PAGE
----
- Color science and mixing – Do a double lesson on mixing primary colors and naming them in Spanish. This is especially fun using finger paints. It’s okay to use a little ‘Spanglish’ here when your child begins to shout “rojo and azul make morado!”
- Coloring book – instruct your child how to color a picture with the Spanish colors you say. As they begin to color, they repeat the word. Expand your child’s vocabulary with our exclusive Homeschool Spanish Academy Greetings Coloring Pages.
- Color scavenger hunt – whether inside or outside, designate an area where you and your little one will explore all the colors, naming them as you go. You could also make color cards (or use our flashcards) to encourage your child to focus on one specific color at a time.
- Playdough – while learning new vocabulary to go with colors, playdough comes in handy. For example, use our shape guide below to teach colorful shapes and have your child make them out of playdough! Or, make playdough together and practice the new color words while cooking it.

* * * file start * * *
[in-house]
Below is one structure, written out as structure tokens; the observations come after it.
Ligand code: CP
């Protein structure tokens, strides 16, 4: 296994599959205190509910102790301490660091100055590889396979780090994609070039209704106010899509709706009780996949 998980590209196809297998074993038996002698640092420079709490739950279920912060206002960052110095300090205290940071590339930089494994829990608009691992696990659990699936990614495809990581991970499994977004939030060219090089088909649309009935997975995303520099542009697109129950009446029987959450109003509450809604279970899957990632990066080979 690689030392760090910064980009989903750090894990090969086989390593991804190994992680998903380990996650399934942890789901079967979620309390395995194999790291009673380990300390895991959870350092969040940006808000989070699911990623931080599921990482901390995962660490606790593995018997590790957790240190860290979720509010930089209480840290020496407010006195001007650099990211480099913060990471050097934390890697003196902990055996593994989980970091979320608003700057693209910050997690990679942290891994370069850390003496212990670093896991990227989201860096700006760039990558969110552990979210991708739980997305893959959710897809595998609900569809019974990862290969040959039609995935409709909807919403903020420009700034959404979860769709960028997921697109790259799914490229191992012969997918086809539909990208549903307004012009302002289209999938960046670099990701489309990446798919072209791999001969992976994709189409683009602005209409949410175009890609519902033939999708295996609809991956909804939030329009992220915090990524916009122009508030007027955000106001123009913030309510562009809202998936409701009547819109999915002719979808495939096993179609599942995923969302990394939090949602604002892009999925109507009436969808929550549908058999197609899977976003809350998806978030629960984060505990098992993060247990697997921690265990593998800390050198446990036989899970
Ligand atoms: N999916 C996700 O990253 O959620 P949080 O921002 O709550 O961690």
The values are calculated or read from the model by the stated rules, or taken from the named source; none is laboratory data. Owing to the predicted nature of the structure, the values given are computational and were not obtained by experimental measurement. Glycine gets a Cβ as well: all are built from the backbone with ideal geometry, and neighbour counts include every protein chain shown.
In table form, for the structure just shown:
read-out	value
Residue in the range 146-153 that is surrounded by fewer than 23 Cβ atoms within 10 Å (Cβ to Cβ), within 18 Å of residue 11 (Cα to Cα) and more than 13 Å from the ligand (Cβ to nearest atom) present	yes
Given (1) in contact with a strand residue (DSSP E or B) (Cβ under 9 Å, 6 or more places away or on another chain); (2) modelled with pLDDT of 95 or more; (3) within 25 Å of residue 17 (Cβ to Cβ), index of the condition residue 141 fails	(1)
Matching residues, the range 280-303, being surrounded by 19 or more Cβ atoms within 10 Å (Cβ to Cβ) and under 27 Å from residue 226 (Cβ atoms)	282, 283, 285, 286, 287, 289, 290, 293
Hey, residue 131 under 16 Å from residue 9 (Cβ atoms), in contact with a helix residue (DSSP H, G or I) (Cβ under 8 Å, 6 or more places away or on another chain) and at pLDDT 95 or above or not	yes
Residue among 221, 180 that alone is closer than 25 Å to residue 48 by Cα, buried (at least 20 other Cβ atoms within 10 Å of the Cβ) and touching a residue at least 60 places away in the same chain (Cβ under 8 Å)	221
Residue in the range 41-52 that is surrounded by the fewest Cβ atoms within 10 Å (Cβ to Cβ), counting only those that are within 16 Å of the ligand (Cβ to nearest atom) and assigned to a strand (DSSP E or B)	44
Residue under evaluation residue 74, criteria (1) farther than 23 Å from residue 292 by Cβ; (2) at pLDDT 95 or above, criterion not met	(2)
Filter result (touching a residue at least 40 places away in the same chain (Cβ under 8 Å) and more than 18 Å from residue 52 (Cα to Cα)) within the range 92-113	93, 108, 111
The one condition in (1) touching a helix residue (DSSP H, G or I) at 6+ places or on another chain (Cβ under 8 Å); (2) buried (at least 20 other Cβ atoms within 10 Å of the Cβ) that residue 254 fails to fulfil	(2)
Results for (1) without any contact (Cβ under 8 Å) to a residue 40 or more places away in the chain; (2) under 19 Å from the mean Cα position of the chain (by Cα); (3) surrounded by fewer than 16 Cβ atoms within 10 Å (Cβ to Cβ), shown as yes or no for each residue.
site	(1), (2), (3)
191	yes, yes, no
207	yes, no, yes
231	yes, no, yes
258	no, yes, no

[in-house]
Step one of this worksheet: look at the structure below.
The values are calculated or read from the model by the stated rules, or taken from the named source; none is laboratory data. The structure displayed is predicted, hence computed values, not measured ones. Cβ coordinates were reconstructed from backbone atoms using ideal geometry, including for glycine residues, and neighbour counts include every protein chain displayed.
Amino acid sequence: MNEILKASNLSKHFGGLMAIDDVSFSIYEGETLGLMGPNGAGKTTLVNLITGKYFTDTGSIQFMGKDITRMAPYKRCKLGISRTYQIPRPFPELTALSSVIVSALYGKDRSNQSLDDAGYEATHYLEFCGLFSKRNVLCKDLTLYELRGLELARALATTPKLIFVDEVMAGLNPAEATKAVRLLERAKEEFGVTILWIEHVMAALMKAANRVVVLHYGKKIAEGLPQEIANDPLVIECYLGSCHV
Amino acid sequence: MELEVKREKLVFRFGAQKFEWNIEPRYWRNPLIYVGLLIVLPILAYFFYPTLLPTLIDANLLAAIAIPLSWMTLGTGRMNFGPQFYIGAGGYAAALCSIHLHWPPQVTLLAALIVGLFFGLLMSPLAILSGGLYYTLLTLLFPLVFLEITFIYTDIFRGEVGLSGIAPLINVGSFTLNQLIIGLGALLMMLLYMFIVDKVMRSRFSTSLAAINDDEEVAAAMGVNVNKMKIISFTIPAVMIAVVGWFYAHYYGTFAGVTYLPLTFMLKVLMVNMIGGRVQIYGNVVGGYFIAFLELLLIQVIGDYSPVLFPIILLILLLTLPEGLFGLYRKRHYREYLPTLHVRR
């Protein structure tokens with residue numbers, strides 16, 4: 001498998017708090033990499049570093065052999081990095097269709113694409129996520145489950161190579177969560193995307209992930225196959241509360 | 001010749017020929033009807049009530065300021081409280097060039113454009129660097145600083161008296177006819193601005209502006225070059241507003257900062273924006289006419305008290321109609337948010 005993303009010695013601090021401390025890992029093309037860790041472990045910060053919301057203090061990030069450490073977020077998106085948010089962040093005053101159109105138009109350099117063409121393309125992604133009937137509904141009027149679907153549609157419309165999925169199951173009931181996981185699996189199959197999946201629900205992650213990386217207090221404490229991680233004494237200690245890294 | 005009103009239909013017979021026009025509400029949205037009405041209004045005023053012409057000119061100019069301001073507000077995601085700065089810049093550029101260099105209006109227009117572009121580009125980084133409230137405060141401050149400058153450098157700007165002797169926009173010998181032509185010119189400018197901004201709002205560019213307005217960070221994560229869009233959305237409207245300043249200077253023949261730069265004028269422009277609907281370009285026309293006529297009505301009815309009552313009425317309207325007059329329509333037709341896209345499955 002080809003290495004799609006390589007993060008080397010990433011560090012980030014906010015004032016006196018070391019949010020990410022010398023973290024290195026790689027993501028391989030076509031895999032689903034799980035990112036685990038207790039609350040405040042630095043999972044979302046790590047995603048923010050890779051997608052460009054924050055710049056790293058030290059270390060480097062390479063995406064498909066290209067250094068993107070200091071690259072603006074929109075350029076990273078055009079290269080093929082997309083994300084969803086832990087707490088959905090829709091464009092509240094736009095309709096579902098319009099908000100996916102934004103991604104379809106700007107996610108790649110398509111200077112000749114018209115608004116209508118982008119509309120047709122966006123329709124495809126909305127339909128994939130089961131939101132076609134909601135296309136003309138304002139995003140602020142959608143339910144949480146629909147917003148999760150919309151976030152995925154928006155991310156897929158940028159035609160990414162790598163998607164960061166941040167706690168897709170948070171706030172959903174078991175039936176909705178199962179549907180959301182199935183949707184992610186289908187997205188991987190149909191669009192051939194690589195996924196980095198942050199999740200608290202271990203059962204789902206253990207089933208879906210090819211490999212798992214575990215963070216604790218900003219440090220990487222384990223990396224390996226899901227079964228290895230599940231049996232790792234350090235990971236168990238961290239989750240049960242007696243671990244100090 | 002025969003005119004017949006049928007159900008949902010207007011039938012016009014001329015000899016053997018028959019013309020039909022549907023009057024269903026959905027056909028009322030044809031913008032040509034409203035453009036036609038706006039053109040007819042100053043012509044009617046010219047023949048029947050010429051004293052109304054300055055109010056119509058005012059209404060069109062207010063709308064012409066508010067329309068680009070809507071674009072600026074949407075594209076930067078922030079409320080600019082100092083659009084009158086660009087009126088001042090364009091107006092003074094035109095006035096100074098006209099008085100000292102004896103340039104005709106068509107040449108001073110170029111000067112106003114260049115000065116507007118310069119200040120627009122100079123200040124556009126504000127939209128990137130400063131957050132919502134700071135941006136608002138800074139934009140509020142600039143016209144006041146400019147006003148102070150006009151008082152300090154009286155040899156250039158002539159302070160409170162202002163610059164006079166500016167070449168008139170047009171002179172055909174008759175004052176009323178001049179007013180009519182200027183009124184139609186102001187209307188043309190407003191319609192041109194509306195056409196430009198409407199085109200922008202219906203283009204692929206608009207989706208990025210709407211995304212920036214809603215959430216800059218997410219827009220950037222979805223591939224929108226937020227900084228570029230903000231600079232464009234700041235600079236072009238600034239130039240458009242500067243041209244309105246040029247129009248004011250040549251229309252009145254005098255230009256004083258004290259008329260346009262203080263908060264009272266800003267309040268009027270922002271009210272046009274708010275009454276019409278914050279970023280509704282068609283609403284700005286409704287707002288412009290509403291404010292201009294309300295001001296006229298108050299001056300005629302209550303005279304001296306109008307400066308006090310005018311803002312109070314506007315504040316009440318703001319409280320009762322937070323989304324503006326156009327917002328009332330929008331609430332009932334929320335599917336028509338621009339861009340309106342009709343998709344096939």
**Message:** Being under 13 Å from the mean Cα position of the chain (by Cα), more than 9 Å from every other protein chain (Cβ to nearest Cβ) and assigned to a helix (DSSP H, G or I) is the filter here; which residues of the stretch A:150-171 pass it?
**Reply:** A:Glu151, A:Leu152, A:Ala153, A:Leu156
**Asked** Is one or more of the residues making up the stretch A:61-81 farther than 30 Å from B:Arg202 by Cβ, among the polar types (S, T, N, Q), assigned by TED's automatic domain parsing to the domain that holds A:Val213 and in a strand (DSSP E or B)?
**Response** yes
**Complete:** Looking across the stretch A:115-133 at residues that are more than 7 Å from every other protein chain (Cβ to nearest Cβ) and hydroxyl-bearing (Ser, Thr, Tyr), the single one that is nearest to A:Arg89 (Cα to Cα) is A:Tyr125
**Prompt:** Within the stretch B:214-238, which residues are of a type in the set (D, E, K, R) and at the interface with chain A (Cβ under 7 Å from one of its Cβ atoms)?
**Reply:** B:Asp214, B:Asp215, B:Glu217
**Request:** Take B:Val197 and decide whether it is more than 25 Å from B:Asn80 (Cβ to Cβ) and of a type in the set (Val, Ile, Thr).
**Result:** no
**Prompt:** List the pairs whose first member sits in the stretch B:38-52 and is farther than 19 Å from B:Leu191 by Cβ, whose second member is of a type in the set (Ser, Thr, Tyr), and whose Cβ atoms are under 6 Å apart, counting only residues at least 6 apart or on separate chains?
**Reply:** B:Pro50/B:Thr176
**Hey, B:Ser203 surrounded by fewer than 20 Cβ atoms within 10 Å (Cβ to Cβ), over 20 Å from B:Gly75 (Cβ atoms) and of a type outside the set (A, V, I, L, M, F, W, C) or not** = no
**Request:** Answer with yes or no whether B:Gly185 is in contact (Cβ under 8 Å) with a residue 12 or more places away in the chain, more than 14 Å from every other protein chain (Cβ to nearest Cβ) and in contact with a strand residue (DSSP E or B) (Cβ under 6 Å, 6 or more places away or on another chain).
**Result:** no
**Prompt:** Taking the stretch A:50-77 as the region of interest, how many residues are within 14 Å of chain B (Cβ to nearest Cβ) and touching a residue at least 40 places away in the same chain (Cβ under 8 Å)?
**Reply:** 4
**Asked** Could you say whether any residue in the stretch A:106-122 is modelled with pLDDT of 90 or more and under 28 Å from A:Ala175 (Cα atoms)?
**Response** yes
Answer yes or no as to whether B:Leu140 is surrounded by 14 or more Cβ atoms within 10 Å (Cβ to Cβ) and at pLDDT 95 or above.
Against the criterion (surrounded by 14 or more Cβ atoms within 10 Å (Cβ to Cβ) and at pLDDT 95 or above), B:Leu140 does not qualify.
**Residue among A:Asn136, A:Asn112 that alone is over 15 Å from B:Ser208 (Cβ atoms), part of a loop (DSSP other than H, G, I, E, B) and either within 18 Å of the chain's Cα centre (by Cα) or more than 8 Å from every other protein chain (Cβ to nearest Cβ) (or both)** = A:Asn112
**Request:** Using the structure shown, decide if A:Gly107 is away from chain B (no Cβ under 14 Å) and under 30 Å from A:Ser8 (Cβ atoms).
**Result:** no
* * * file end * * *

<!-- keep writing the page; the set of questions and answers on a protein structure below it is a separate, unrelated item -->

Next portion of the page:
- Color hop with chalk – take to the sidewalk or a patio of your house and draw big squares (or any shape, if working with shapes) of different colors. Instruct your child to jump on a specific color and say the name out loud. They get to tell you where to jump, too!
- Libro de colores (Book of Colors) – Use a packet of craft paper and look together for the colors you will be learning. Cut out the papers the same size and make a booklet. With a marker, write the appropriate Spanish color name on each page. If your child is learning to write, have them write the word underneath your example. Then, find together little one-colored objects to glue onto each color page! You can also make this booklet out of regular white paper and use colored cut-outs from craft paper to glue into the book. You can incorporate pages for many themes, including shapes and even some grammar. Label each page accordingly.
As you teach colors to your eager little learner, dive deeper to include shapes! This way you can begin to explore the gender changes that colors make when describing a noun. Remember that Spanish adjectives (in this case, colors) always come after the noun. Some examples are: